Reston Spring

Reston Spring
Reston Spring

Tuesday, January 28, 2014

Prepared statement of Jerry Volloy, President, ARCH, on draft Reston Master Plan for Board hearing, January 28, 2014

28 January 2014
TO:  Fairfax County Board of Supervisors

FROM:  Gerald R. Volloy, President, Alliance of Reston Clusters and Homeowners (ARCH)
RE:  Reston Master Plan Special Study, Phase 1 – Reston Transit Station Area, ST09-III-UP01(A)

Chairman Bulova, Supervisor Hudgins, and Fairfax County Board Members.  Good afternoon.  My name is Jerry Volloy, and I am the President of the Alliance of Reston Clusters and Homeowners (ARCH).  It is with great pride, but yet with mixed emotions that I stand before you this afternoon. 

As a Member of the Reston Master Plan Special Study Task Force, I am so very proud of the Vision we have put forward and which-- if achieved-- should prove to be an exciting, welcoming, and accommodating environment for Reston’s future growth and development: a place where businesses and residents alike will be proud to locate and call home.  If achieved and if implemented, the vision will continue to support many of Bob Simon’s original goals for Reston, and where the tenets of “Live. Work, Play, and Get Involved” will continue to be viable realities in Reston’s future.

With mixed emotions, however, because of concerns about how future development and residents will be assimilated within the greater Reston community and how the goal of attaining the critical balance between development and infrastructure will be achieved.

ARCH believes that membership of future residential development and residents within one of our two master associations – the Reston Association (RA) or the Reston Town Center Association (RTCA) – is essential to maintaining our community’s integrity, cohesiveness, and property values, and that the current language contained within the Plan, is so very inadequate in its support of this goal and in defining what processes will be established to realize it.

The Vision and Planning Principles within the Plan include language about excellence in planning, design and architecture-- hallmarks of the Reston community and assured by oversight and adherence to architectural design oversight processes such as the RA and/or RTCA Design Review Boards, manned by Reston residents who understand Reston’s character and are committed to protecting it.

Further, one of the most distinguishing aspects of Reston that is core to its values and characteristics is this special sense of “community” and its residents’ incredible willingness to respond to calls to get involved and/or serve our great community.   These calls often emanate from these major community organizations and play a large role in bringing our community together through volunteerism and/or service.

Additionally, an almost future doubling of Reston’s current population over the foreseeable future will have impacts upon Reston’s existing open space, natural areas, lakes, watershed and recreational facilities-- the repair and maintenance costs for which should be contributed, in part, by future new residents.

ARCH believes the document should be loud and clear in supporting the requirement that future commercial and/or residential development, within the RCIG, be assimilated under the governance of either RA or RTCA thereby amalgamating them as future stakeholders in our great Reston community.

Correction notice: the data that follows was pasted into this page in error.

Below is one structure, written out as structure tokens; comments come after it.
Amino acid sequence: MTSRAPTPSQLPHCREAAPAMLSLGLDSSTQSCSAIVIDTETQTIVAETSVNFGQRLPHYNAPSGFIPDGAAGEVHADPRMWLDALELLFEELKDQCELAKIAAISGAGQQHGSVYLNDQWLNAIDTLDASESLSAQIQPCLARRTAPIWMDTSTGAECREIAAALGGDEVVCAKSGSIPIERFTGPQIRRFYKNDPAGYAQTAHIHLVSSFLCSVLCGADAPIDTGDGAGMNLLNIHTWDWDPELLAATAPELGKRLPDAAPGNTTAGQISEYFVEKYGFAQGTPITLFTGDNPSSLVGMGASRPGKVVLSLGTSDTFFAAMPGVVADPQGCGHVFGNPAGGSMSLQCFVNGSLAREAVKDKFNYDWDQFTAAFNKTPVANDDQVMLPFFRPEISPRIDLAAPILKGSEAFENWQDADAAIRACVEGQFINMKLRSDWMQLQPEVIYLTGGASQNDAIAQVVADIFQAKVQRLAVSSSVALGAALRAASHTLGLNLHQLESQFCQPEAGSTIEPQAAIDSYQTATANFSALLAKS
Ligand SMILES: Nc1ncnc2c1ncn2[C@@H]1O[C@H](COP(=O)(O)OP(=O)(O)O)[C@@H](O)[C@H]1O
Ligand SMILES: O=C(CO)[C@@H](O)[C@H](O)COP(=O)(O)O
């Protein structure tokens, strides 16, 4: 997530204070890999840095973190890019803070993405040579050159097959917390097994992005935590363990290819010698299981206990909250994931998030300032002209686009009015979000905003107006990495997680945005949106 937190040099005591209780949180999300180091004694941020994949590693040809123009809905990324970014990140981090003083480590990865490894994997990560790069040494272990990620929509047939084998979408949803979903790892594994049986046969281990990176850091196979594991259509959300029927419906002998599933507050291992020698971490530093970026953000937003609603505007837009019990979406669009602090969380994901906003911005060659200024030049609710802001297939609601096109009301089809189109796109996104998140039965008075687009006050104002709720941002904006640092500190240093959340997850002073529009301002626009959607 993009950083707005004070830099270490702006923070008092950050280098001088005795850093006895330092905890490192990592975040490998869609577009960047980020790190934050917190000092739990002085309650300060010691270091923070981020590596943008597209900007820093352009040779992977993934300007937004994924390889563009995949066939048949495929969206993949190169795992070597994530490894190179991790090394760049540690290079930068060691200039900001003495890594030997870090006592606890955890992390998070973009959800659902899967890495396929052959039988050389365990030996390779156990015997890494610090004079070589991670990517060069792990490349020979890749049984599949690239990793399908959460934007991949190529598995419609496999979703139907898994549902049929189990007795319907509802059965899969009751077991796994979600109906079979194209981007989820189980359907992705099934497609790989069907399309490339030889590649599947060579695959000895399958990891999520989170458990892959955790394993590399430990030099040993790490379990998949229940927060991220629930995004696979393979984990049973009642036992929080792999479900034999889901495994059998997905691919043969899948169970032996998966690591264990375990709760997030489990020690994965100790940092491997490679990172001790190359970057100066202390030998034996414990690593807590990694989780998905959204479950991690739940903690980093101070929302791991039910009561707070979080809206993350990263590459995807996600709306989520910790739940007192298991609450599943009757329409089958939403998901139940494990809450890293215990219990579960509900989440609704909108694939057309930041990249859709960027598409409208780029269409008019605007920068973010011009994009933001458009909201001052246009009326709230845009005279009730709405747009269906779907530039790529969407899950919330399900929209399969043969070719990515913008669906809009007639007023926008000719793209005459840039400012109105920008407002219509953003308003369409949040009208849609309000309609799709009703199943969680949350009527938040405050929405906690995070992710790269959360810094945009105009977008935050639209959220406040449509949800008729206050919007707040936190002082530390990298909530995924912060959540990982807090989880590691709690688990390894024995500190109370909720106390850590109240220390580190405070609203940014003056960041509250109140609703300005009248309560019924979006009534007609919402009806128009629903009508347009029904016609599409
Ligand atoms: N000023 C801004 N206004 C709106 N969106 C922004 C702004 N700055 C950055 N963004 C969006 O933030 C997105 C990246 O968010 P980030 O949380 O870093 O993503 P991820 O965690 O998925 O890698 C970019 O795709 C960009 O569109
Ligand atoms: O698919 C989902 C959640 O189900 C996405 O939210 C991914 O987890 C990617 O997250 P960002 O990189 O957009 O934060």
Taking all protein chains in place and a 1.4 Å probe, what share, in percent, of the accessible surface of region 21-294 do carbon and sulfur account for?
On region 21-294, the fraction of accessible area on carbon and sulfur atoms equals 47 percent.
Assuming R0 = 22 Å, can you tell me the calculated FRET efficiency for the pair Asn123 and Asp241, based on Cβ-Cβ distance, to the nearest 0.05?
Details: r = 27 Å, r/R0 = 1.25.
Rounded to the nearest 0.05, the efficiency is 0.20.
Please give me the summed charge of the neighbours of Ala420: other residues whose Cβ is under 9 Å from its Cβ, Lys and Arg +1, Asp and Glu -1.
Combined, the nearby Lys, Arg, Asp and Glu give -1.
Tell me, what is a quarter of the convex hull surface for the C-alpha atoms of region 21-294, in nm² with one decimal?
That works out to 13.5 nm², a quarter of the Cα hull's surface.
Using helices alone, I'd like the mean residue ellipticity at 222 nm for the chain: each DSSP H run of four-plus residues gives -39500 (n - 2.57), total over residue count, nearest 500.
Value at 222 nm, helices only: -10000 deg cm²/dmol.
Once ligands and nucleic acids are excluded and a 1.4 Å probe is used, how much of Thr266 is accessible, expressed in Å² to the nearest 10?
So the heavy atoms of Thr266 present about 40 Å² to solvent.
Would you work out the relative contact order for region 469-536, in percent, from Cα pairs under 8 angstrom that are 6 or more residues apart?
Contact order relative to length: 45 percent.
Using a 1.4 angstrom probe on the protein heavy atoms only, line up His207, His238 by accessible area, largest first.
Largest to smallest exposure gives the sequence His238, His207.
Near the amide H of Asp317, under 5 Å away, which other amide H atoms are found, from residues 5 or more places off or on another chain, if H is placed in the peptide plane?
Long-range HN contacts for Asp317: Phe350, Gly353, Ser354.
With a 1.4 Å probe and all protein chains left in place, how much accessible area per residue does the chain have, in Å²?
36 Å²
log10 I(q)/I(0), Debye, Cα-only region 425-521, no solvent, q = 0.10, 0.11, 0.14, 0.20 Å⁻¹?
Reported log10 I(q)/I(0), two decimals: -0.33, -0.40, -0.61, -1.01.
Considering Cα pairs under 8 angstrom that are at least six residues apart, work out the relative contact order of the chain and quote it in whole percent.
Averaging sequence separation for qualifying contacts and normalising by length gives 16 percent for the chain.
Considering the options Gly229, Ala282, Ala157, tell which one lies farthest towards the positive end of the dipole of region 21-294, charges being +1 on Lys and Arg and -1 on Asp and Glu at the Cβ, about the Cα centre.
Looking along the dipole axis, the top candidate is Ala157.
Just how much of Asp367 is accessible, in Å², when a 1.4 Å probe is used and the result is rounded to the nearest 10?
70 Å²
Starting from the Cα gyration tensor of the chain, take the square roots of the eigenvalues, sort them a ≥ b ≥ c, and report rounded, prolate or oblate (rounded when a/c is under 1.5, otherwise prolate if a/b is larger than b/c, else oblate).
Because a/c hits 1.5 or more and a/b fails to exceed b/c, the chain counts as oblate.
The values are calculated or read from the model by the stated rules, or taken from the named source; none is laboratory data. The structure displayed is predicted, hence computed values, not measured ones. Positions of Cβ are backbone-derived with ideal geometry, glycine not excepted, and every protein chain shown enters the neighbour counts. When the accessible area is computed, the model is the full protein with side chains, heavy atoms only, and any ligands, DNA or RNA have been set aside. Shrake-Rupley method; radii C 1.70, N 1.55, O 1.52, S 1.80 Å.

Additionally, with mixed emotions, however, because I believe we leave such an important aspect of our work yet before us.  At the very beginning of this process, each of us, who represent major community organizations took a position in support of Metrorail to Dulles and its attendant growth and development, as long as the infrastructure and public facilities to support and accommodate that growth and development were provided.

ARCH endorsed the Comp Plan’s Planning Principle that “development will be phased with infrastructure including aspects such as community amenities, and larger open spaces that would not be triggered by any one single development.  These raise different considerations than community assets or needs that are specific to a particular site that might be secured via proffer or as prerequisites to granting higher FARs.  Our concern arises with how common infrastructure needs will be secured in a time of scarce public resources given that no one developer is likely to be responsible for these types of improvements.
Without an operational or implementation plan and the processes needed to make this plan a reality, I suggest that our work, and the County’s work is incomplete: that achieving the vision defined within the plan may well be based only on hopes but not reality.
Supervisor Hudgins:  With regard to assimilating future development within existing community governance entities, I ask that you NOT recommend approval of this Plan to your fellow Board Members without strengthening the language that requires association membership, and defines how that goal will be realized. With regard to future implementation processes, ARCH stands ready to continue to assist you and Fairfax County, as appropriate, in support its important work. 
Thank you for your consideration of ARCH’s views.
Alliance of Reston Clusters and Homeowners

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